Scott Merrill, an architect best known for his work in Seaside and other New Urbanist communities, has won this year’s Driehaus Prize, annually awarded by the school of architecture at the University of Notre Dame. Named for Chicago philanthropist and entrepreneur Richard H. Driehaus, the award comes with a stipend of $200,000, twice that of the more noted (but less notable) Pritzker Prize.
Merrill’s most celebrated building is his chapel at Seaside, pictured above, and completed in 2001. It typifies his work, if that can be said of the wide portfolio of the firm he started in 1990, Merrill, Pastor & Colgan Architects, headquartered in Vero Beach, Fla., for which he still does most of the design work. His “style” is a sort of stick classical, with an inspired vernacularity of tone, spare but unafraid of classicizing tendencies.
To judge by his chat with Archinect magazine soon after being notified of his laureateship a couple of days ago, Merrill does not like to pigeonhole himself. He dodged constant invitations by the Archinect interviewer to comment on any distinctions that might reveal his opinion about classical architecture. But he is willing to assert that he puts people at the center of his designs. To those of us who consider modern architecture to be, all too often, an exercise in the marginalization of people (to put it gently), that may stand as a declaration of his classicist tendencies.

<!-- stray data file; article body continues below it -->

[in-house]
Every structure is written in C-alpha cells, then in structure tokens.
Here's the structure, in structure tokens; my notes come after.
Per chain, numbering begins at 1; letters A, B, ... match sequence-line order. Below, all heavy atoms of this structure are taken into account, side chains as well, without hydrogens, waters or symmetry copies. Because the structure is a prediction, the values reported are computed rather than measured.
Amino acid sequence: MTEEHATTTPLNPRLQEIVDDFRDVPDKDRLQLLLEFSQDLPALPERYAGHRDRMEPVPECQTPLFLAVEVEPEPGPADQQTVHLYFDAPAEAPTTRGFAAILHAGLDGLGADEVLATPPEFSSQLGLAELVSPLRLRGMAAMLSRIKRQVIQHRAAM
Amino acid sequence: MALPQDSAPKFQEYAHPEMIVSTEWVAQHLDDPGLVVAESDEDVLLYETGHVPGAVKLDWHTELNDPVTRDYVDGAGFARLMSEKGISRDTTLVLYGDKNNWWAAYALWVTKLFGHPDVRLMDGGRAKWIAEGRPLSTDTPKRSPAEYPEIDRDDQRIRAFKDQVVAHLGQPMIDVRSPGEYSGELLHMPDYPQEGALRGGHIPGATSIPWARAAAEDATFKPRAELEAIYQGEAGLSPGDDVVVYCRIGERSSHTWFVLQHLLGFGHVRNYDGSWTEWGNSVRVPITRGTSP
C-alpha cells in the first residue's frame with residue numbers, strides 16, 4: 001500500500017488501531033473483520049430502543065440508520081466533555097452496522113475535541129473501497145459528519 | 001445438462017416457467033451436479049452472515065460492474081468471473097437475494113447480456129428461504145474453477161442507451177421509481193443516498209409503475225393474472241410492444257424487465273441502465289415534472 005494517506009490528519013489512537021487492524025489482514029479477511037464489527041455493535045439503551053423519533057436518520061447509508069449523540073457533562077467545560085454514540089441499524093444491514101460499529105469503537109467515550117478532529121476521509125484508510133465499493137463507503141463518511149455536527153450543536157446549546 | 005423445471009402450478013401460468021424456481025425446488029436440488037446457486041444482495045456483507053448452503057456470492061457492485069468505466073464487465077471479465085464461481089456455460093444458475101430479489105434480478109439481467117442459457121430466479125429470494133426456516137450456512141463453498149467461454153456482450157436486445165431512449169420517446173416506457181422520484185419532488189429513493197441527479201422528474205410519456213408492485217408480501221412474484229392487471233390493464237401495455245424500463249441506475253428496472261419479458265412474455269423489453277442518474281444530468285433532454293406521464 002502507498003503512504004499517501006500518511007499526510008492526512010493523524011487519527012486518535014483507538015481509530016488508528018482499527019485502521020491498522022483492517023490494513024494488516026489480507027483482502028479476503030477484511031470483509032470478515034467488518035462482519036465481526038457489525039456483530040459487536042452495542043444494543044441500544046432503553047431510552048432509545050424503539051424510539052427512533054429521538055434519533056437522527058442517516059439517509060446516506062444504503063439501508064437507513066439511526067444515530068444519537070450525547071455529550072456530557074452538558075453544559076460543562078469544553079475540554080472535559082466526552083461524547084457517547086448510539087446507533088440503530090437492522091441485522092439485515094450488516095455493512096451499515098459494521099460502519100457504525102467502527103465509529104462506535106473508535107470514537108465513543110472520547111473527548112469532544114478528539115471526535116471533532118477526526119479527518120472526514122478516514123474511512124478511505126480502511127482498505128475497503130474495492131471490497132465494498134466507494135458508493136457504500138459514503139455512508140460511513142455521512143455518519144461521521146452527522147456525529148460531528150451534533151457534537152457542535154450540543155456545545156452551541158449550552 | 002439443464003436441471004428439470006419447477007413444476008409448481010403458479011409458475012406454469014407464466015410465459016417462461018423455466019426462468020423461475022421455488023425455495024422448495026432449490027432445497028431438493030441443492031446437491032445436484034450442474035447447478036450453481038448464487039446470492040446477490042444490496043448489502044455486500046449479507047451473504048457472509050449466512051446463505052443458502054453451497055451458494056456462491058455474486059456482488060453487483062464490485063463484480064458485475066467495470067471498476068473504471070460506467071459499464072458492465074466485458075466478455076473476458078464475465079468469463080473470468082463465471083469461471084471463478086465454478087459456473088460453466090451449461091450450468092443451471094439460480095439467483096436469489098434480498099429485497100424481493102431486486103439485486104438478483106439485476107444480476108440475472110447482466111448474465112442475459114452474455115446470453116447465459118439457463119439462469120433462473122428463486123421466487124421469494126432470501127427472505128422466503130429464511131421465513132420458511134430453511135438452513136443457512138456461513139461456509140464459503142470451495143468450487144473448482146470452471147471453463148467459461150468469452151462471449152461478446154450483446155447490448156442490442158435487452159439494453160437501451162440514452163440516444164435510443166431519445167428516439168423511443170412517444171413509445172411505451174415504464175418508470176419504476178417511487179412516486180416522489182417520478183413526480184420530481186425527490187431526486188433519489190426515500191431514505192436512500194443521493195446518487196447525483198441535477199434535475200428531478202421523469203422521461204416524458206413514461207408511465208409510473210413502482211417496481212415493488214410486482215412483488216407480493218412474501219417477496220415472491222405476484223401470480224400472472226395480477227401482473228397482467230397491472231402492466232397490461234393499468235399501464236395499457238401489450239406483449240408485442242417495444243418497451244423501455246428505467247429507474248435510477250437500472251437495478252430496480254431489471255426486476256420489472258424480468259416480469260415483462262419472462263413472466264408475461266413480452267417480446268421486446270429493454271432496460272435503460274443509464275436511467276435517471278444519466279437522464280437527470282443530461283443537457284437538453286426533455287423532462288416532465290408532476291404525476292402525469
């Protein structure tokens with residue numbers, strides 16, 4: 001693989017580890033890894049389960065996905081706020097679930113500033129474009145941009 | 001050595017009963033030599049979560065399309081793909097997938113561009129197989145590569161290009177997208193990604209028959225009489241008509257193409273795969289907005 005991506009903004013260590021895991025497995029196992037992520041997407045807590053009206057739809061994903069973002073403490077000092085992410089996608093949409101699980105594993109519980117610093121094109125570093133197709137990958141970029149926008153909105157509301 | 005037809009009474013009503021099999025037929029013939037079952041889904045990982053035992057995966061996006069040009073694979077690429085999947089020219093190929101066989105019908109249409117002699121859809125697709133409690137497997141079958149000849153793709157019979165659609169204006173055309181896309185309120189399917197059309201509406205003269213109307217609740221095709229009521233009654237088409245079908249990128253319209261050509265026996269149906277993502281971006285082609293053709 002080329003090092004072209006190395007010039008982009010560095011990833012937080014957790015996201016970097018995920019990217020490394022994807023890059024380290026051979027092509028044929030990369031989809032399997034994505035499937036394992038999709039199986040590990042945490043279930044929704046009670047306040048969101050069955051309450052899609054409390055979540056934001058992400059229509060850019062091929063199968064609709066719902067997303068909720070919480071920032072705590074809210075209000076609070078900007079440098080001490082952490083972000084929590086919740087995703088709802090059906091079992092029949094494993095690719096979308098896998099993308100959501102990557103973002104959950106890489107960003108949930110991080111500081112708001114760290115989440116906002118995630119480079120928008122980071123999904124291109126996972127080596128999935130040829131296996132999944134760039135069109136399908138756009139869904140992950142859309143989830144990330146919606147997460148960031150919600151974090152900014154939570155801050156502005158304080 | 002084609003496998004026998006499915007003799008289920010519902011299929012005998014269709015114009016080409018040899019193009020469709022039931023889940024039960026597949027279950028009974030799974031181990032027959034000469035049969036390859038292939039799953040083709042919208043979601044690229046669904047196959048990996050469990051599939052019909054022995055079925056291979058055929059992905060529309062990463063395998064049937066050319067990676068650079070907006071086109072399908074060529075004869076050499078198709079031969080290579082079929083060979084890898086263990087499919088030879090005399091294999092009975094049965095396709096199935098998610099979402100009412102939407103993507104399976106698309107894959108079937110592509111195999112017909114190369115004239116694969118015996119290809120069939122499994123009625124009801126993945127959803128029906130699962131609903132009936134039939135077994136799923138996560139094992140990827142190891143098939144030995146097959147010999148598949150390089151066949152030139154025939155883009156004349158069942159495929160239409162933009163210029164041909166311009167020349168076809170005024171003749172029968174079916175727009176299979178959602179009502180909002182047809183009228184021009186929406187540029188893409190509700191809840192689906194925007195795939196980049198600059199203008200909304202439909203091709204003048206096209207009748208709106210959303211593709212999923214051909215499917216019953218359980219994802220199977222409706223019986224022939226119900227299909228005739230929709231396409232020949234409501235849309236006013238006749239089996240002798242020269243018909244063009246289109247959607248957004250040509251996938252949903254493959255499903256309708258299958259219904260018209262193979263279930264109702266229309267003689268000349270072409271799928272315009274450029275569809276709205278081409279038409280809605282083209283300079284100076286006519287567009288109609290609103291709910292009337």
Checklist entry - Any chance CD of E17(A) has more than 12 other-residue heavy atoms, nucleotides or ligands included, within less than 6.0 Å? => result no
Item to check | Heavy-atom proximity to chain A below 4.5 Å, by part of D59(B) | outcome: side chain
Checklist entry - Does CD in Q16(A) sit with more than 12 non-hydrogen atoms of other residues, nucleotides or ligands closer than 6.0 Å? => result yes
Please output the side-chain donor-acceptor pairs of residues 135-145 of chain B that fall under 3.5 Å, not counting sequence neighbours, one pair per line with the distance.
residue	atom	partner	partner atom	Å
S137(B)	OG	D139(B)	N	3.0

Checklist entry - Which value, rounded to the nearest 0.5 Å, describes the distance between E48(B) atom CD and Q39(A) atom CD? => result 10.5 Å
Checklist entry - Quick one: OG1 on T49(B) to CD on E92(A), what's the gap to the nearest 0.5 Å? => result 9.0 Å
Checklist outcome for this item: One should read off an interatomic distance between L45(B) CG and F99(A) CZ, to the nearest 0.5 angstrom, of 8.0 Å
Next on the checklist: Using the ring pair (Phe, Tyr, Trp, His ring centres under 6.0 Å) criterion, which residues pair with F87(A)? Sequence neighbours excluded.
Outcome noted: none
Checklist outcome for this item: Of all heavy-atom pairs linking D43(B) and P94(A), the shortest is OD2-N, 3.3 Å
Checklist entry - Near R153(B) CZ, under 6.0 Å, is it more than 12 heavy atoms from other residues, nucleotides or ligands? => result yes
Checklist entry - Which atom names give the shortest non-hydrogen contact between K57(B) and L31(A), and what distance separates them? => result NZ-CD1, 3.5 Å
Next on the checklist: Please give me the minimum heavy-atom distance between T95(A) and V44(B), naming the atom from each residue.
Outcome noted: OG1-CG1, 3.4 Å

Curiously, a couple of days ago, before I became aware of this year’s Driehaus winners, I cited Léon Krier’s town hall at Windsor as a good candidate for the “left edge,” so to speak, of the classical revival. Scott Merrill’s work arguably falls into that category, and in fact Krier’s town hall is listed as one of the projects in Merrill’s firm’s portfolio. Not too long ago, Andrés Duany, whose firm DPZ (Duany Plater-Zyberk) masterplanned both Seaside and Windsor, informed the TradArch list that Merrill was one of a small host of traditional architects, mostly from the South, who had recently dabbled in modernism. Well, no sin in that – though it apparently is a sin for modernist architects to design classical architecture (if not to live in it). So Merrill remains a trad in good standing.
After all, Krier masterplanned Poundbury, belly of the beast (along with Seaside) to the modernist critical elite! The nomenclatural debate fostered by Duany (also, with Krier, a Driehaus laureate) is a quagmire and a half. He tries to irk trads by claiming that this or that design is PoMo (postmodern). In the past he has called Merrill’s work postmodern but now, aware of the term’s inadequacy as a descriptive, describes Merrill’s work as “heterodox.” Notre Dame gave a real postmodernist, the late Michael Graves, a Driehaus in 2012, but has not made that mistake again since. To pigeonhole traditional architecture of any stripe in today’s anything-goes classical discourse and practice is clearly a tough job. Who can blame Merrill for refusing to take Archinect’s bait?
So, congratulations to Scott Merrill for winning this year’s Driehaus, and also to the winner of its partner award, the Henry Hope Reed Prize, Havana’s city historian, Eusebio Leal Spengler, for his role in preserving the Cuban capital’s classical architecture. The classical revival marches forward.